Read this article to learn about the most frequently asked questions on the Indian Industries.

Q. 1. How does agriculture promote industrial development?

Ans. Agriculture and industry are interrelated sectors. Agriculture helps industry in the following way.

In the first place, agricultural development means rising incomes of farmers. Increased income creates demand for industrial goods.


Secondly, agriculture provides raw materials and intermediate goods to various industries.

Thirdly, by exporting agricultural commodities, capital goods for industries can be imported.

Q.2. What does the term ‘industrialisation’ mean?

Ans. The term ‘industrialisation’ refers to the setting up of capital goods industries and basic industries capable of ensuring a high rate of growth of the economy as a whole.


Q.3. What do you mean by industrial structure?

Ans. By industrial structure we mean inter­relationship among various branches of industries—the relationship between small scale and large scale industries, the relationship between consumer goods industries and capital goods industries. In the process of industrial development, industrial structure undergoes a change.

Q.4. Which is the oldest industry in India?

Ans. The cotton textile industry is the oldest industry in India.


Q.5. What is meant by ‘public sector’?

Ans. A public sector may be defined as that sector in which government owns and manages it fully on its own initiative.

Q.6. Point out the reasons for expansion of the public sector industries in India.

Ans. In India, a great deal of importance is attached to the public sector to:

(a) Prevent the growth of monopolies and concentration of economic power in the hands of a few small businessmen, and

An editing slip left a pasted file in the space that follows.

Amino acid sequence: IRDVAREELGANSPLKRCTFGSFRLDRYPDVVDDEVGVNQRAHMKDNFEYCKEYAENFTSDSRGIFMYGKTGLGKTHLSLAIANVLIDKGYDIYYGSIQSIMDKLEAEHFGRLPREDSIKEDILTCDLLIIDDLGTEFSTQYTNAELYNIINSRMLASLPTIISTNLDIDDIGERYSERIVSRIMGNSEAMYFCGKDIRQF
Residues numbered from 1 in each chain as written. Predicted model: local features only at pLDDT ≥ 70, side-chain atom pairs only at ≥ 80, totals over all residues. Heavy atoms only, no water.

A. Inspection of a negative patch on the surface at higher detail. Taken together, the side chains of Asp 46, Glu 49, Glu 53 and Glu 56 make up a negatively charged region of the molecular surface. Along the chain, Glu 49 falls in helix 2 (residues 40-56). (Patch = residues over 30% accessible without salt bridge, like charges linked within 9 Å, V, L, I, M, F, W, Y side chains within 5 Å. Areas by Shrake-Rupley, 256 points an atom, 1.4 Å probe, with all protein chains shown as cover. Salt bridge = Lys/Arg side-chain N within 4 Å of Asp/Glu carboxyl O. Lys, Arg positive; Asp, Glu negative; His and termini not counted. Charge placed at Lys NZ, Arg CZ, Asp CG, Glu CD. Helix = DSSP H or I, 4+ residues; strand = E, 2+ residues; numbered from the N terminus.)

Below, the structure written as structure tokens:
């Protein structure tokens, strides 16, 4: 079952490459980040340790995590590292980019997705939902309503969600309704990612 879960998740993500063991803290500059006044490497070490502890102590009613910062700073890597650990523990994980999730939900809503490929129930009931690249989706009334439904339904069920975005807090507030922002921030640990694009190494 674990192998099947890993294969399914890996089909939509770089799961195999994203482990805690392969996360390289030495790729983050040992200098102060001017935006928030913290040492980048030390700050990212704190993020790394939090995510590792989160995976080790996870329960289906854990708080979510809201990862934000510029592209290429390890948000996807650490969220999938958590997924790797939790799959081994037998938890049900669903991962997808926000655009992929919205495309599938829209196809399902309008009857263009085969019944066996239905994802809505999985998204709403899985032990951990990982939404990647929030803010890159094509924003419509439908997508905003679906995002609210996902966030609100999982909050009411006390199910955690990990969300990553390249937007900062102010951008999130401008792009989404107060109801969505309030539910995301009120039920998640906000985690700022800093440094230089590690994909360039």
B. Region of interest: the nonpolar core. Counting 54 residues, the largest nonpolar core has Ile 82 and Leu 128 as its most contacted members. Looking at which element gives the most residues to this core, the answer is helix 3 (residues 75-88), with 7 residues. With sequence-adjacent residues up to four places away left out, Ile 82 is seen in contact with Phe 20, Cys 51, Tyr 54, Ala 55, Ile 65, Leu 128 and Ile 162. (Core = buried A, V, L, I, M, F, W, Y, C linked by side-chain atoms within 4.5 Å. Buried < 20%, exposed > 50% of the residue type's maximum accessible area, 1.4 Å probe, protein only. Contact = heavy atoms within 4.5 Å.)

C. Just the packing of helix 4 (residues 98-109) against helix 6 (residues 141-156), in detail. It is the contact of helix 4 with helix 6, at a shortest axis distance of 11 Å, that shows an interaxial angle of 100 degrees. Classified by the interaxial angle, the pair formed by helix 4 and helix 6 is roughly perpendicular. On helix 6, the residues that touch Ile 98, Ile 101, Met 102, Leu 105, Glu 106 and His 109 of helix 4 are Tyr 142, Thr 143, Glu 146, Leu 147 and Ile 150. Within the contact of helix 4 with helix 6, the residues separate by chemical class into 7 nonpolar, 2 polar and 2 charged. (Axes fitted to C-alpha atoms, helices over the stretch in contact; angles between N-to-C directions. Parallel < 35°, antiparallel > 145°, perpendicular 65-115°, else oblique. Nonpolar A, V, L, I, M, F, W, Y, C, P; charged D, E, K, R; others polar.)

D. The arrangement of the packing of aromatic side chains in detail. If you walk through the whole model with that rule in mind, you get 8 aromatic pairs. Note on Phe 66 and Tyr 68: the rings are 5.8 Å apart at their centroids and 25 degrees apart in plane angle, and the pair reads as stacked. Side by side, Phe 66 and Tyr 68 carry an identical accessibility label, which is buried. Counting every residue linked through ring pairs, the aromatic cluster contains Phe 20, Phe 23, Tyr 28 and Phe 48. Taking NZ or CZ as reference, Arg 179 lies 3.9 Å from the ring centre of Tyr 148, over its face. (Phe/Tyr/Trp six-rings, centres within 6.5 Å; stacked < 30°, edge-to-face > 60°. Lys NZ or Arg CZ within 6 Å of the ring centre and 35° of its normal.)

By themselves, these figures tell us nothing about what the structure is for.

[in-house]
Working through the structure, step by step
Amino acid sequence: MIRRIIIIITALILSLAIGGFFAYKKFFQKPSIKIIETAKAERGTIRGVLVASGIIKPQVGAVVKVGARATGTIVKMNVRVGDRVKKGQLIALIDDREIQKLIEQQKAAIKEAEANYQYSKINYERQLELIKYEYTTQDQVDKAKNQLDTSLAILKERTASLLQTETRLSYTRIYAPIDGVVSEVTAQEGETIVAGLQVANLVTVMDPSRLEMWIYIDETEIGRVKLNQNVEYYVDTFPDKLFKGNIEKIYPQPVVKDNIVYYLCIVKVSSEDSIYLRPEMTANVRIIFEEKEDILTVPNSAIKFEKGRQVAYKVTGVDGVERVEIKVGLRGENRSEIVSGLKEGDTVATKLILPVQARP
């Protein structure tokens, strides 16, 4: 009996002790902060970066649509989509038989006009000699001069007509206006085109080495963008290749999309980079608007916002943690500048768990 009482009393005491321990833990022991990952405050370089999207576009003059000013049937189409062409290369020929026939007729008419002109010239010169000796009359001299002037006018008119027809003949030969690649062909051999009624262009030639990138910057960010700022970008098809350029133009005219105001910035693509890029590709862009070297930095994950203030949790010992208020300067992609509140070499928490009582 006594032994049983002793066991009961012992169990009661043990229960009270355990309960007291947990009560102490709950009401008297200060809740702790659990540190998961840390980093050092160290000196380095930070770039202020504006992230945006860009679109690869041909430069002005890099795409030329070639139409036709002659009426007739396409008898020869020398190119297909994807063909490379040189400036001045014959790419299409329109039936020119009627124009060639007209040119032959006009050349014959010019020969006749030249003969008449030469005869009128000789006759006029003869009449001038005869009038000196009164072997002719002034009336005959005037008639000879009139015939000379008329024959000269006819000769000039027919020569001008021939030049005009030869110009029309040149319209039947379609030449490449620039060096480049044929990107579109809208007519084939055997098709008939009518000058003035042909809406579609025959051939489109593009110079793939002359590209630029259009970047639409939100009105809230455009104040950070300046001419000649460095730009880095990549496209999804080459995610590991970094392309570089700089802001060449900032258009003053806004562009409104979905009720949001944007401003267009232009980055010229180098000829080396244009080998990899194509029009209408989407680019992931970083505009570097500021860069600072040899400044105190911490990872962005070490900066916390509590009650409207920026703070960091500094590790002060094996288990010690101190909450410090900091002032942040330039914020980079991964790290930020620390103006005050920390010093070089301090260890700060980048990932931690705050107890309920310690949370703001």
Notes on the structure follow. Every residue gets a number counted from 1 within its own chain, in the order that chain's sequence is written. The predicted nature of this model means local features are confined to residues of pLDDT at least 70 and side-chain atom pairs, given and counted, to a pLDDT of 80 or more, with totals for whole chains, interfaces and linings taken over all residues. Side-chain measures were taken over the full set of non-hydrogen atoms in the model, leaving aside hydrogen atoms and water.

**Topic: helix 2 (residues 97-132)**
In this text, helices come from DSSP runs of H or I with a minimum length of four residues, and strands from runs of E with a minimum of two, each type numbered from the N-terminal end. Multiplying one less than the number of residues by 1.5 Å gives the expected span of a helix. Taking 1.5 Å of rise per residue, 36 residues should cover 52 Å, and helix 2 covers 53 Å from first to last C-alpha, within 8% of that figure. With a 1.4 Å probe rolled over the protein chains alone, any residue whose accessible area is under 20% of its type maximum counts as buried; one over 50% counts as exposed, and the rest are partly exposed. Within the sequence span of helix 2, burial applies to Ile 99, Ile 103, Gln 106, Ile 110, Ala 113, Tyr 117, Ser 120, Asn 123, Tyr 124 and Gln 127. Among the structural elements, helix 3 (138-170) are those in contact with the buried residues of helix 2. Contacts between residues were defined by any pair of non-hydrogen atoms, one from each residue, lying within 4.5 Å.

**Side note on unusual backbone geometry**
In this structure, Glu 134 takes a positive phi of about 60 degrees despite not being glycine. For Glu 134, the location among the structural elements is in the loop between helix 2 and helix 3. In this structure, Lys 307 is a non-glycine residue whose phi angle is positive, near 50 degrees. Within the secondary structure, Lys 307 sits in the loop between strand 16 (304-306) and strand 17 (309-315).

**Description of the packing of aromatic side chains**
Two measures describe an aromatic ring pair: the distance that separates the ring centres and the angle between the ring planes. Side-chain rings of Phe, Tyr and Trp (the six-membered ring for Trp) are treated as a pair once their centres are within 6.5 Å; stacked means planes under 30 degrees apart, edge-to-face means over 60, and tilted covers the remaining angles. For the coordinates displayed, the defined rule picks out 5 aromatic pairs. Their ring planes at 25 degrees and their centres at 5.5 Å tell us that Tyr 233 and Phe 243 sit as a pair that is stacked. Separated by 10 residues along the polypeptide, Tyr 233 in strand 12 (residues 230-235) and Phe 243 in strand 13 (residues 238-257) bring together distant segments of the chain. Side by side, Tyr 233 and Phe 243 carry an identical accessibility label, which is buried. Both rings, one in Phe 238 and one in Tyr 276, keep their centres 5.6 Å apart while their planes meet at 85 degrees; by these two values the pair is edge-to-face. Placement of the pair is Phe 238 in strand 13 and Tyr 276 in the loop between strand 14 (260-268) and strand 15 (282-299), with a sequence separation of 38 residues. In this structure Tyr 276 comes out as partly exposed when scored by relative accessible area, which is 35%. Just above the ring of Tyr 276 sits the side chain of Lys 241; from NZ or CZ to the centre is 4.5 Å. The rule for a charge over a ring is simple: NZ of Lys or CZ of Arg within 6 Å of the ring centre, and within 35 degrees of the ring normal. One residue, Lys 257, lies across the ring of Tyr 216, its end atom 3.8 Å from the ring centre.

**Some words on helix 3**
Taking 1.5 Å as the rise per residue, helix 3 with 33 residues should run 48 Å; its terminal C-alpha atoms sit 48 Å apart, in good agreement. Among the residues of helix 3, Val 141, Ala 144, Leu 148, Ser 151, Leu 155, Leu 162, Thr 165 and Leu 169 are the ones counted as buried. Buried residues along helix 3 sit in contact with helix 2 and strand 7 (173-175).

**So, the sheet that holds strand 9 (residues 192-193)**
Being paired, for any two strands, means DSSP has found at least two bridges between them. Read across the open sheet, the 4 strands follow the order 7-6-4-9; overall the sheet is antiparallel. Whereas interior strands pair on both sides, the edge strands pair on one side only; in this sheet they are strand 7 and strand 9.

(b) To establish a socialistic pattern of society.

Q.7. Menuon the major drawbacks of public sector industries in India.

Ans. The major drawbacks of public sector enterprises in India are:

(i) Unnecessary delay in the execution of a project and escalation of the cost of construction,


(ii) Problem of over capitalisation,

(iii) Use of manpower resources in excess of actual requirements,

(iv) Underutilization of capacity,

(v) Excessive stock in inventories,


(vi) Bureaucratic, corrupt and inefficient management, and

(vii) Faulty price policy, etc.

Q.8. What do you mean by ‘infrastructure’?

Ans. Capital invested for the improvement of transport, communication, generation of power, and creation of public services like education, health, etc. are known as ‘social capital’. By infrastructure we mean ‘physical capital’ and social capital’. To accelerate the process of economic development in a country, development of economic infrastructure is a pre-condition.


Q.9. Point out the causes of the problem of sickness in Indian industries.


Mention two causes of industrial sickness in India.

Ans. Both exogenous and endogenous factors are responsible for industrial sickness. They are government policies pertaining to production, distribution and prices; change in the investment pattern due to the change in plan priorities, power shortage, scarcity of raw materials, unfavorable industrial relations, etc.